Road Trip to Bemidji, MN

Another road trip?! Yes! To Bemidji, Minnesota. Bemijjjjj-wha?

Bemidji. The kids were set to spend a week at the Concordia Language Villages summer camp; it is run by Concordia College. Zoe would attend her first independent overnight camp, in fully immersed German! While Avi was going to attend Spanish language day camp. All near this adorable town of Bedmidji, MN.

The trip was not too leisurely, as I had allotted only 3 days (Friday-Sunday) to drive from our home in southern Arizona to this little town on a lake near the Canadian border where camp started on Monday. I drove the camper and we boondocked or truck stopped the whole way up.

Our first day was spent entirely just getting out of the desert. We drove east from Arizona, into New Mexico, through Hatch (and saw the chili’s), then north toward Santa Fe. I thought we may stop for dinner or a walkabout in Sante Fe; it featured a few times in our history lessons, but instead we spent nearly 3 hours parked in traffic on I-25. A semi-truck had caught fire less than 1/4 mile up the road along the on ramp from a rest stop; the cops block the whole freeway both directions.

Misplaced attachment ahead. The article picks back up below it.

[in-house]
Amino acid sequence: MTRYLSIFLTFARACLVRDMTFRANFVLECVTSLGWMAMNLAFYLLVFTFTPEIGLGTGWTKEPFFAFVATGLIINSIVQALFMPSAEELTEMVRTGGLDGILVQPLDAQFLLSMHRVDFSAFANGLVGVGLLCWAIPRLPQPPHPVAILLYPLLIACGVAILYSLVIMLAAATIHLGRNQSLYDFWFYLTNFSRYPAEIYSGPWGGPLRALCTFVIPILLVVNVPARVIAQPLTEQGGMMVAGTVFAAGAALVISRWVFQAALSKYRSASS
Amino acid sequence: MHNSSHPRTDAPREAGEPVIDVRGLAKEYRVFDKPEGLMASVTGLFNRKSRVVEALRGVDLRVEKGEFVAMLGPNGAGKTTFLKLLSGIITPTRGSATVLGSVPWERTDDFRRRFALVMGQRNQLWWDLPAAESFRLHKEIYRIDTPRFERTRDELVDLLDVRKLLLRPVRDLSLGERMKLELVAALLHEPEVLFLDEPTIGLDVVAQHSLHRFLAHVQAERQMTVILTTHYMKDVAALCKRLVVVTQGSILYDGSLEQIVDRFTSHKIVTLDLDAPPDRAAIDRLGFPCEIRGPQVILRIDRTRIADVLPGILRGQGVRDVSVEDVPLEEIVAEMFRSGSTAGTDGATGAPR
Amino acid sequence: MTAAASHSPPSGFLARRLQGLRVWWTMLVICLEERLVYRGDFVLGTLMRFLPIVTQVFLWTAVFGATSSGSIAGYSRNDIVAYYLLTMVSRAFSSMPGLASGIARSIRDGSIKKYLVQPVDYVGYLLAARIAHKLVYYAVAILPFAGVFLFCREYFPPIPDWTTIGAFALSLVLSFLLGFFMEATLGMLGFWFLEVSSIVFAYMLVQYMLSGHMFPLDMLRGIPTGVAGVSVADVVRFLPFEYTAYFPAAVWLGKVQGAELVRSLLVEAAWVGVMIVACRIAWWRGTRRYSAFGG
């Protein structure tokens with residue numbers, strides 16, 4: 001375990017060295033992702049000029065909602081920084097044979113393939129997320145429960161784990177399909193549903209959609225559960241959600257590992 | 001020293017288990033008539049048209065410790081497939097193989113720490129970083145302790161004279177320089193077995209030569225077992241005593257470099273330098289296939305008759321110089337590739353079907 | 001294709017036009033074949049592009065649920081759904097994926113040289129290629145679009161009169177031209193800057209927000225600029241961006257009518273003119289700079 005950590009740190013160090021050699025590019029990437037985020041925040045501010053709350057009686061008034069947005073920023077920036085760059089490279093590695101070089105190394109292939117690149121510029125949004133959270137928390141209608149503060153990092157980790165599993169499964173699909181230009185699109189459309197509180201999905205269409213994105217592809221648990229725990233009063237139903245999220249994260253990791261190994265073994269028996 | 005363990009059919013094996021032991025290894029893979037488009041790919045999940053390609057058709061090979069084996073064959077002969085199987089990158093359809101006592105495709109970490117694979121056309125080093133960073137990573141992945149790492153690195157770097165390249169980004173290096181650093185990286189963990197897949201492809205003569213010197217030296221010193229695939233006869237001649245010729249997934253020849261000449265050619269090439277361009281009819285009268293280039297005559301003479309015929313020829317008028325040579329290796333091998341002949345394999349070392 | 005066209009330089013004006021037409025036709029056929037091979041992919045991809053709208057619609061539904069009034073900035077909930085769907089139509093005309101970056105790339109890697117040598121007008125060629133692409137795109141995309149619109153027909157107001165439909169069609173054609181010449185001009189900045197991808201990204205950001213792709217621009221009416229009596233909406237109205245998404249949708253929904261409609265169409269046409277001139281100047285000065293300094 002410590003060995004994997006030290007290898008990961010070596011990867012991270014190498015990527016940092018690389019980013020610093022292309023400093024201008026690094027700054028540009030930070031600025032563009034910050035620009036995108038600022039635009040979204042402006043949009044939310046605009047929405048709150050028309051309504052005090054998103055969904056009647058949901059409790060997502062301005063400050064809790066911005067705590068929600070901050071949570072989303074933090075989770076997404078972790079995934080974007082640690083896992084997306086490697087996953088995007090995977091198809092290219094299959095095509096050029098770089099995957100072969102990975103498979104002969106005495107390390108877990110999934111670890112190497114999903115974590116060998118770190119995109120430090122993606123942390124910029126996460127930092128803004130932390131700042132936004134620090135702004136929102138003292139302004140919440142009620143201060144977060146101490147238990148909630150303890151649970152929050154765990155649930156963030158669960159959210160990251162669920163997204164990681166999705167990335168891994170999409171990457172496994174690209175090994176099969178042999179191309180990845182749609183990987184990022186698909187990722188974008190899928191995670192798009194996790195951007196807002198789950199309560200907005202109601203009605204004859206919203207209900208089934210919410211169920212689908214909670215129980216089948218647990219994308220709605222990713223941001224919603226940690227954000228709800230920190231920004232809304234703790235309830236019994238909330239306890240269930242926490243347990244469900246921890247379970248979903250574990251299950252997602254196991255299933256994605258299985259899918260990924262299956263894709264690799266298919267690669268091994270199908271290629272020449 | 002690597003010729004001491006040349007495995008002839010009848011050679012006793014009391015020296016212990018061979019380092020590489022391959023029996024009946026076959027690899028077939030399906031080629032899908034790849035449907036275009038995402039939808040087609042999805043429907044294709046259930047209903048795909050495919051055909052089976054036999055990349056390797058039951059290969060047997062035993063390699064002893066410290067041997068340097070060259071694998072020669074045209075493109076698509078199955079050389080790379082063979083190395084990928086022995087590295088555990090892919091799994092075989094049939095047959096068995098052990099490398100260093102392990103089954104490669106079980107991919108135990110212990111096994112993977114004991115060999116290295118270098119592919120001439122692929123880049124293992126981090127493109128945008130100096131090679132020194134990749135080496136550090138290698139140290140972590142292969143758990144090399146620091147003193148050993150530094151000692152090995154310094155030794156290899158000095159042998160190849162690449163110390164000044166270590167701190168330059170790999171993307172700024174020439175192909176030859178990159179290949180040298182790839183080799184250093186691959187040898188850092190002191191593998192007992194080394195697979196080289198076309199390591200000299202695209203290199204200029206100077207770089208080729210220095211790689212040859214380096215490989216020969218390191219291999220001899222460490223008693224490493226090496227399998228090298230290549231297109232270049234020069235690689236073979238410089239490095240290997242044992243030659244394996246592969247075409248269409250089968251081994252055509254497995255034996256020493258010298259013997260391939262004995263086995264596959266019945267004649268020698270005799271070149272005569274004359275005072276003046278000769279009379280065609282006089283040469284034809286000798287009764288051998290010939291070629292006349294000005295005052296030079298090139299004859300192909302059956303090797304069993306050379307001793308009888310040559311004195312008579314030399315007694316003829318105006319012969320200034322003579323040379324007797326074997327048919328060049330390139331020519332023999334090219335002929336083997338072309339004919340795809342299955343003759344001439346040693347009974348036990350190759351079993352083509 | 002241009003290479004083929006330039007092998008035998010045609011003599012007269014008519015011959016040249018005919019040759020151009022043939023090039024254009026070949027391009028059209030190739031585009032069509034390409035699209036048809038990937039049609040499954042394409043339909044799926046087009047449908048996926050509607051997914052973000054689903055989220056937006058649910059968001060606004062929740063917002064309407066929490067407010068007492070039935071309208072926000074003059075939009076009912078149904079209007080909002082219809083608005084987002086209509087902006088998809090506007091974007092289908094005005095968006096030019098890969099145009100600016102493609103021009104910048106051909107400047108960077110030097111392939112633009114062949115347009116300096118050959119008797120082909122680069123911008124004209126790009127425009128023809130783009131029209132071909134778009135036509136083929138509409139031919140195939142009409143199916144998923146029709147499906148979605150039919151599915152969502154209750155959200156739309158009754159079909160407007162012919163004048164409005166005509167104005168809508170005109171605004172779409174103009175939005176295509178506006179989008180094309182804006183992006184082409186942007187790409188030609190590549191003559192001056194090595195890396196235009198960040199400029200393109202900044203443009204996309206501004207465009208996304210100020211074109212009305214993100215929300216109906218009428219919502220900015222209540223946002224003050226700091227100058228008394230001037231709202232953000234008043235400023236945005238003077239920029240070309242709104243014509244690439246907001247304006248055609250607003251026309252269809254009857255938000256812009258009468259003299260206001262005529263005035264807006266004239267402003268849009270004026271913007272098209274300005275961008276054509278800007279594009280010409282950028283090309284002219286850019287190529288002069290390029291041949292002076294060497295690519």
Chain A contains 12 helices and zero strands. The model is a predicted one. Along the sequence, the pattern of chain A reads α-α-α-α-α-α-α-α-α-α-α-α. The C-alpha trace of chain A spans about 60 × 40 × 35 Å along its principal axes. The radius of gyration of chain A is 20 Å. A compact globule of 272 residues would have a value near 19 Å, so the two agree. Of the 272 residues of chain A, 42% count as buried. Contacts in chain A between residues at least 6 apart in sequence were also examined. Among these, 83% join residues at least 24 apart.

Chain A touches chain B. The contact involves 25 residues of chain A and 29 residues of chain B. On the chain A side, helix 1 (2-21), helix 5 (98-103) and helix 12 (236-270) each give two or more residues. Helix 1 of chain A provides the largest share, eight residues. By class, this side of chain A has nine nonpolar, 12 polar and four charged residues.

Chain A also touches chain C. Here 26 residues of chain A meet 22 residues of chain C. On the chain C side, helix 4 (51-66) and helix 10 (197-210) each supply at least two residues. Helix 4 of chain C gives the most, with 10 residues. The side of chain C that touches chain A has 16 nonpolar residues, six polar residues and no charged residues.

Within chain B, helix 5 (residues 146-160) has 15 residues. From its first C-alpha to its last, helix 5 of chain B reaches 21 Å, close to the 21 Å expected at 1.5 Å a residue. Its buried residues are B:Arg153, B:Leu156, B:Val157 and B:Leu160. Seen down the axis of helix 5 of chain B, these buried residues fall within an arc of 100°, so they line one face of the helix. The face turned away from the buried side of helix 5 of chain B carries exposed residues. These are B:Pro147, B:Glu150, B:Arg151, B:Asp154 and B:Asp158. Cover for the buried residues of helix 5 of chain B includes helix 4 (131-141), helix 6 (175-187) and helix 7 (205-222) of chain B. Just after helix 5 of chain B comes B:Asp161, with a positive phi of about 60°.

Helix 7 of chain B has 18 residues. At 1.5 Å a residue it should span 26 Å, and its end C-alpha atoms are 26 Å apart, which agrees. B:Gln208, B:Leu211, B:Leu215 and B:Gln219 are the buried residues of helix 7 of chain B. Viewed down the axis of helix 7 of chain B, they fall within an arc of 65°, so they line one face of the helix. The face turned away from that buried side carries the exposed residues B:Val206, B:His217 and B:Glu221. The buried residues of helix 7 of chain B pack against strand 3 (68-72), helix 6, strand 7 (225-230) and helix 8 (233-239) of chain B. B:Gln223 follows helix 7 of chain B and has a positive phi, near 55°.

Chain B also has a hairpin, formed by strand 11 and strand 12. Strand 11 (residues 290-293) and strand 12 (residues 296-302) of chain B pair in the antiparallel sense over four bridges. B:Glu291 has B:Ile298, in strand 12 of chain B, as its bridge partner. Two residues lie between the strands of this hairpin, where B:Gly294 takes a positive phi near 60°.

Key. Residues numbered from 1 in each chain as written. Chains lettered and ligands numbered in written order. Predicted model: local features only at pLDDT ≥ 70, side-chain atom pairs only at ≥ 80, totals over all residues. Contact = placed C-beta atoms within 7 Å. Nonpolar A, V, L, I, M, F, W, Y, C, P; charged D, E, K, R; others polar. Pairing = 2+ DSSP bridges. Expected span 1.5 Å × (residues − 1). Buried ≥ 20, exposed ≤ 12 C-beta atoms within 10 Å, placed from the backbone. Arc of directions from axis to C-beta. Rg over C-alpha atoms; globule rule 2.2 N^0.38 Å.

It is times like these I love have a class-C RV. We just parked, and while everyone else was getting out of their cars using the sagebrush as ‘facilities’ we just walked to the back. I also heated up some coffee and made lunch while we waited.Needless to say, that really put us behind. Our goal for the night was a rest stop just over the border into Colorado and we pulled in just in time to see the big harvest moon rise over the prairie. Late!